School leaders should plan for learners' future, not external pressures, writes Mick Waters
Mick WatersMick Waters: four key points for school leadersWe are in a time of great change in education with the emergence of new, innovative and exciting structures, thinking, learning design, technologies and freedoms.

The 21st Century Learning Alliance believes there has never been a more crucial time to capitalise on new thinking and it provides the space, incentive and opportunity to draw together those leading our changing landscape, to discuss, debate and offer practical opportunities  for schools and teachers.

We have always argued over what and how our young people should learn; the curriculum and the teaching. As state schooling began they mirrored much of what the public schools had offered the privileged classes in their pursuit of classical traditions. The Age of Enlightenment, the understanding of the planets, basic scientific ideas such as displacement, power, and also the application of ideas that led us into the industrial revolution.

As time unfolded, so the belief that our young people should learn about our place in the world led to a "Britain is best" emphasis in learning. We have had an age of emancipation; where gender, race or faith, the importance of opportunity and societal equities influenced society. The creative upsurge has been observed in the latter half of the 20th century, although it would seem to have been prevalent much earlier.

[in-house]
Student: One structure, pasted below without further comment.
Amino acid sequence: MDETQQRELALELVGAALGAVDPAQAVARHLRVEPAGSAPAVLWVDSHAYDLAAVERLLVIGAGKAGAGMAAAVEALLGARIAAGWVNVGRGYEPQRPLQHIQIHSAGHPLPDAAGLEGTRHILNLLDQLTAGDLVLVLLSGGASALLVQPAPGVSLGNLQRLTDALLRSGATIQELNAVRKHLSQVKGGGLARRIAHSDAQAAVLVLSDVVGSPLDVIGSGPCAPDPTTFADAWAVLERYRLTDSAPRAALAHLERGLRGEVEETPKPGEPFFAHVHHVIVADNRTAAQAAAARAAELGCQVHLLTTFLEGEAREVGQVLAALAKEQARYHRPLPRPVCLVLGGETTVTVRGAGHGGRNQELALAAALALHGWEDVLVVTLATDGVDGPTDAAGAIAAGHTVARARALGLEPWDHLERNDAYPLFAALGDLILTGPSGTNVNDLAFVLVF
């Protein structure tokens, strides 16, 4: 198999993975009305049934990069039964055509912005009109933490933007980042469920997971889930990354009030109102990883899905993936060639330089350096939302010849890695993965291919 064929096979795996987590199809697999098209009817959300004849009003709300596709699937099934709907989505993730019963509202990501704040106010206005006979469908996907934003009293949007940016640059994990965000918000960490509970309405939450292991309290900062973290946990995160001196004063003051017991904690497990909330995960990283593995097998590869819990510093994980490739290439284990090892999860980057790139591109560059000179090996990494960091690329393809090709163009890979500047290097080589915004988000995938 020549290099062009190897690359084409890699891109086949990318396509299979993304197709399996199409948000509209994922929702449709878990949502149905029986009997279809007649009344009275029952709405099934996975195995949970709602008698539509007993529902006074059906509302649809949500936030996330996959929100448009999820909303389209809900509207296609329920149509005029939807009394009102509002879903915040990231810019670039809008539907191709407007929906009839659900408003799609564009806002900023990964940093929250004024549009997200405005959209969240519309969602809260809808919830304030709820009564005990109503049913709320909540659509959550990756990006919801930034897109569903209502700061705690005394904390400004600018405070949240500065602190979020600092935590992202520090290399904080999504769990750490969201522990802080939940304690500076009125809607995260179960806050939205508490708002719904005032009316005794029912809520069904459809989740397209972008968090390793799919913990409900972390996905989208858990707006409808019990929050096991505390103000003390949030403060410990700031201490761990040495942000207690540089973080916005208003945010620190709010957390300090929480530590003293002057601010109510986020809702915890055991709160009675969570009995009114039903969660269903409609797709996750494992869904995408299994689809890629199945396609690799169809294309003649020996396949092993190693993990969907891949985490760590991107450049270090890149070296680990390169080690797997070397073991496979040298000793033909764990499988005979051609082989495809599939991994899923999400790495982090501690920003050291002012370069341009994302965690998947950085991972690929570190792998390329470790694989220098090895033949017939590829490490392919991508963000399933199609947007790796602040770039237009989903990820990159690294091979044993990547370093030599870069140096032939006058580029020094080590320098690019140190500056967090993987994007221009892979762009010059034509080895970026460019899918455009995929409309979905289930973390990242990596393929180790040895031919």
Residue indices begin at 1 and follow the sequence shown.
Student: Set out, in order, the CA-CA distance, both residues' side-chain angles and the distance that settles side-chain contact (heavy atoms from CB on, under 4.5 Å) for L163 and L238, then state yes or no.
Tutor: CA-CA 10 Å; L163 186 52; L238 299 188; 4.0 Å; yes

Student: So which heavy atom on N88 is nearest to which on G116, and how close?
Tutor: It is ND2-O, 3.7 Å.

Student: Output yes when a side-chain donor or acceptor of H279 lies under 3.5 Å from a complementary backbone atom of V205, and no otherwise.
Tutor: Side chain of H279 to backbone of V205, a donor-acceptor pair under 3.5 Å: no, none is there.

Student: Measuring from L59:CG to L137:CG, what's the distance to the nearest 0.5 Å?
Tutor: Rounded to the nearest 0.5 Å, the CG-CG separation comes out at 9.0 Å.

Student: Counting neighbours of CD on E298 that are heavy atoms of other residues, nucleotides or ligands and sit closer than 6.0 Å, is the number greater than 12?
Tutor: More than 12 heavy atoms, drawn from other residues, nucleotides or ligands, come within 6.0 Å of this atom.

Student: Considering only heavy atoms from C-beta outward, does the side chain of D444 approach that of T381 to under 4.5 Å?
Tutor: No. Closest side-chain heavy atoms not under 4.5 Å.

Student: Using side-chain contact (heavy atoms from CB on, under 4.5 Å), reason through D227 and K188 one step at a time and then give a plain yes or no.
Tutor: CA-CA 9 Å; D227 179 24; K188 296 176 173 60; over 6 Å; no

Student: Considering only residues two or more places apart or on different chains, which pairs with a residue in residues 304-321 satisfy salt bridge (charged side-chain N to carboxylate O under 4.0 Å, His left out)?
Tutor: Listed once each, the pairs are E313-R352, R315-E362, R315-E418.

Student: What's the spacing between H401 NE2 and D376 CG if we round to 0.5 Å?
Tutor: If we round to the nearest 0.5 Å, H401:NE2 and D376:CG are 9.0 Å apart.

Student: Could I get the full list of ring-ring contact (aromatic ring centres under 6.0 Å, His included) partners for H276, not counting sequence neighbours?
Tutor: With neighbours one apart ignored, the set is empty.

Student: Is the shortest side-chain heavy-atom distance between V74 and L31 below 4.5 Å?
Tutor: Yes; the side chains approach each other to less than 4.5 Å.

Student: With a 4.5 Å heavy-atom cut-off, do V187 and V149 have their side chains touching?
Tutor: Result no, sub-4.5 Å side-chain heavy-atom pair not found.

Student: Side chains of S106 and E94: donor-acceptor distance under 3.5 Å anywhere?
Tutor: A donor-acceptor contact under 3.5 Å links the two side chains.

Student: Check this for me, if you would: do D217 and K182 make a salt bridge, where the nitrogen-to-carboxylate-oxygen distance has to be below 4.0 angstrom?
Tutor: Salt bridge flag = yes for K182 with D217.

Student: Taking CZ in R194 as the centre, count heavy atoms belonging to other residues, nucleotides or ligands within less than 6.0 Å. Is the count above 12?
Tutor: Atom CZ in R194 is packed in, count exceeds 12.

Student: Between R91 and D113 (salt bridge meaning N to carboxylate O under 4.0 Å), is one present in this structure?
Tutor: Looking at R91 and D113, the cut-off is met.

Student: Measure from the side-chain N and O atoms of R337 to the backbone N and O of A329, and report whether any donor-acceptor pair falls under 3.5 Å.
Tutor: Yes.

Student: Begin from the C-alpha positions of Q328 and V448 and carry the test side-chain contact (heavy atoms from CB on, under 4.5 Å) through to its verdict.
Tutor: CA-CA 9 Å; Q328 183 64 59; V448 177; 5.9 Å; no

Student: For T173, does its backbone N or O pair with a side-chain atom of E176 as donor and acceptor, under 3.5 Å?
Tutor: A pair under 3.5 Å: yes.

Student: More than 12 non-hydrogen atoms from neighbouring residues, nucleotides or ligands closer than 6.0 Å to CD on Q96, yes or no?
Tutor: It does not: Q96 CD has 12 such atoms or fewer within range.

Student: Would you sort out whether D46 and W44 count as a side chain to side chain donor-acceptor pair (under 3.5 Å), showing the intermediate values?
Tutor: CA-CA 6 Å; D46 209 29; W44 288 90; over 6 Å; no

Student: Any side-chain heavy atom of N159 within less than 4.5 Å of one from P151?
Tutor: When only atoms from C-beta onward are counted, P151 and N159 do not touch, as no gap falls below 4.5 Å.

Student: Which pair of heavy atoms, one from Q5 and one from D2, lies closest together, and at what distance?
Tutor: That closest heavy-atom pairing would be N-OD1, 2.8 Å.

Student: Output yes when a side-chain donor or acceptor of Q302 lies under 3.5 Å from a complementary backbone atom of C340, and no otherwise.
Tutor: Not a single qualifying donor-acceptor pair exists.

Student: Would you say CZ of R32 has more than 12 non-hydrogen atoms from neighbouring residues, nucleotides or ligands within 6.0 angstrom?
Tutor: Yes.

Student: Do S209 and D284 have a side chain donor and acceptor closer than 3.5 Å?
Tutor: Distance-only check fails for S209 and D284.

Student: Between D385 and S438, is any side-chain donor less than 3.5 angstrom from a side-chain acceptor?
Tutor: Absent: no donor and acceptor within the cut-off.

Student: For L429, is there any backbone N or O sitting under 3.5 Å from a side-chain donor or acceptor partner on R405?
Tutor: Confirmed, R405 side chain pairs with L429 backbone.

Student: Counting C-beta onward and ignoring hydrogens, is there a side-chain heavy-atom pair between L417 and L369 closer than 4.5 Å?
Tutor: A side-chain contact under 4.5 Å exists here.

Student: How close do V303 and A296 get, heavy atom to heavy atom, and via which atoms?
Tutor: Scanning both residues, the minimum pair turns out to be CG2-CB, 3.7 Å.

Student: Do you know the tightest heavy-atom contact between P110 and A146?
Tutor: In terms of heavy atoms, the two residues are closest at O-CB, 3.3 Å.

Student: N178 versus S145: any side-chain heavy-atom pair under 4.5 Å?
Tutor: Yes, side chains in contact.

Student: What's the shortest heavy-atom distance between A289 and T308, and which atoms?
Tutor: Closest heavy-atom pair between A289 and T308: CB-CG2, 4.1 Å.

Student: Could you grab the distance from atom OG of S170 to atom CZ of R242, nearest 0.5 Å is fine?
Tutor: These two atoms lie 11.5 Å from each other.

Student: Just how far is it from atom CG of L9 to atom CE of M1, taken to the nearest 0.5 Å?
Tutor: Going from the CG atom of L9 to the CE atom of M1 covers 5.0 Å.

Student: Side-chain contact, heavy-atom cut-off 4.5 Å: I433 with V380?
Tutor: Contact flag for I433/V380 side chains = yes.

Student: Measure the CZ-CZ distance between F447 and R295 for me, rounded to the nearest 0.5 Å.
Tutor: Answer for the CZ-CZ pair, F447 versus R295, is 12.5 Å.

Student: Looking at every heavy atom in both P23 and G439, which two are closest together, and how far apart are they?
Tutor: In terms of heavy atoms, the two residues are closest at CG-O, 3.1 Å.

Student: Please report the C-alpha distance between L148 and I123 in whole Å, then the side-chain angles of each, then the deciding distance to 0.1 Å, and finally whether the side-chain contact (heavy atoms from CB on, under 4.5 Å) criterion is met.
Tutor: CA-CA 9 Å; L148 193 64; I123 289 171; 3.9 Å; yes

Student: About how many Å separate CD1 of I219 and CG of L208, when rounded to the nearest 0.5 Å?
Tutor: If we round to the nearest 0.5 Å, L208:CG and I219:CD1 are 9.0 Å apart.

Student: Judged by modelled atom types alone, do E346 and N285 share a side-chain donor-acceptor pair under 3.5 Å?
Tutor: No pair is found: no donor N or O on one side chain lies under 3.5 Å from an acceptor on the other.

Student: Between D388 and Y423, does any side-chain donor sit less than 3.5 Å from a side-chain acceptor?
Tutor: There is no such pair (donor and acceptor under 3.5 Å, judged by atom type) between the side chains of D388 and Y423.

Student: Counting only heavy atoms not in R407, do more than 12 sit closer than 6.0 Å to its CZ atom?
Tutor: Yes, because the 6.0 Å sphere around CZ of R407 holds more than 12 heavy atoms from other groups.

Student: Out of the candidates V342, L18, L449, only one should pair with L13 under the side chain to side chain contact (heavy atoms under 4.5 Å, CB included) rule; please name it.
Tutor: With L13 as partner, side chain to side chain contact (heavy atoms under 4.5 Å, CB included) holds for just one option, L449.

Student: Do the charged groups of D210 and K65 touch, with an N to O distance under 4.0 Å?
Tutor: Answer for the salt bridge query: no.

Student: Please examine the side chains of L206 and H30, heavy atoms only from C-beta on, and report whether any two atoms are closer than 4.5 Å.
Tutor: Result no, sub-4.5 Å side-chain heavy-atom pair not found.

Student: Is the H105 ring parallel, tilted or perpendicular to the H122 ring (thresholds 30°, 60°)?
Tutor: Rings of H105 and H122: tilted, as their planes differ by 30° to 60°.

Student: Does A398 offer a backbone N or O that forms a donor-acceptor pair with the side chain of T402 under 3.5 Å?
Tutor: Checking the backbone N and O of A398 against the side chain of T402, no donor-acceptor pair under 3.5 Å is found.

'Our problem is that we cannot seem to move forward quickly'

More recently the era of connectedness has come upon us in the shrinking world created by the growing influence of technology. Our problem is that we cannot seem to move forward quickly since each new era meets with defenders of previous outlooks. Hence, "new" subjects such media studies, economics, and psychology are seen as threats that might displace previous "proper" learning.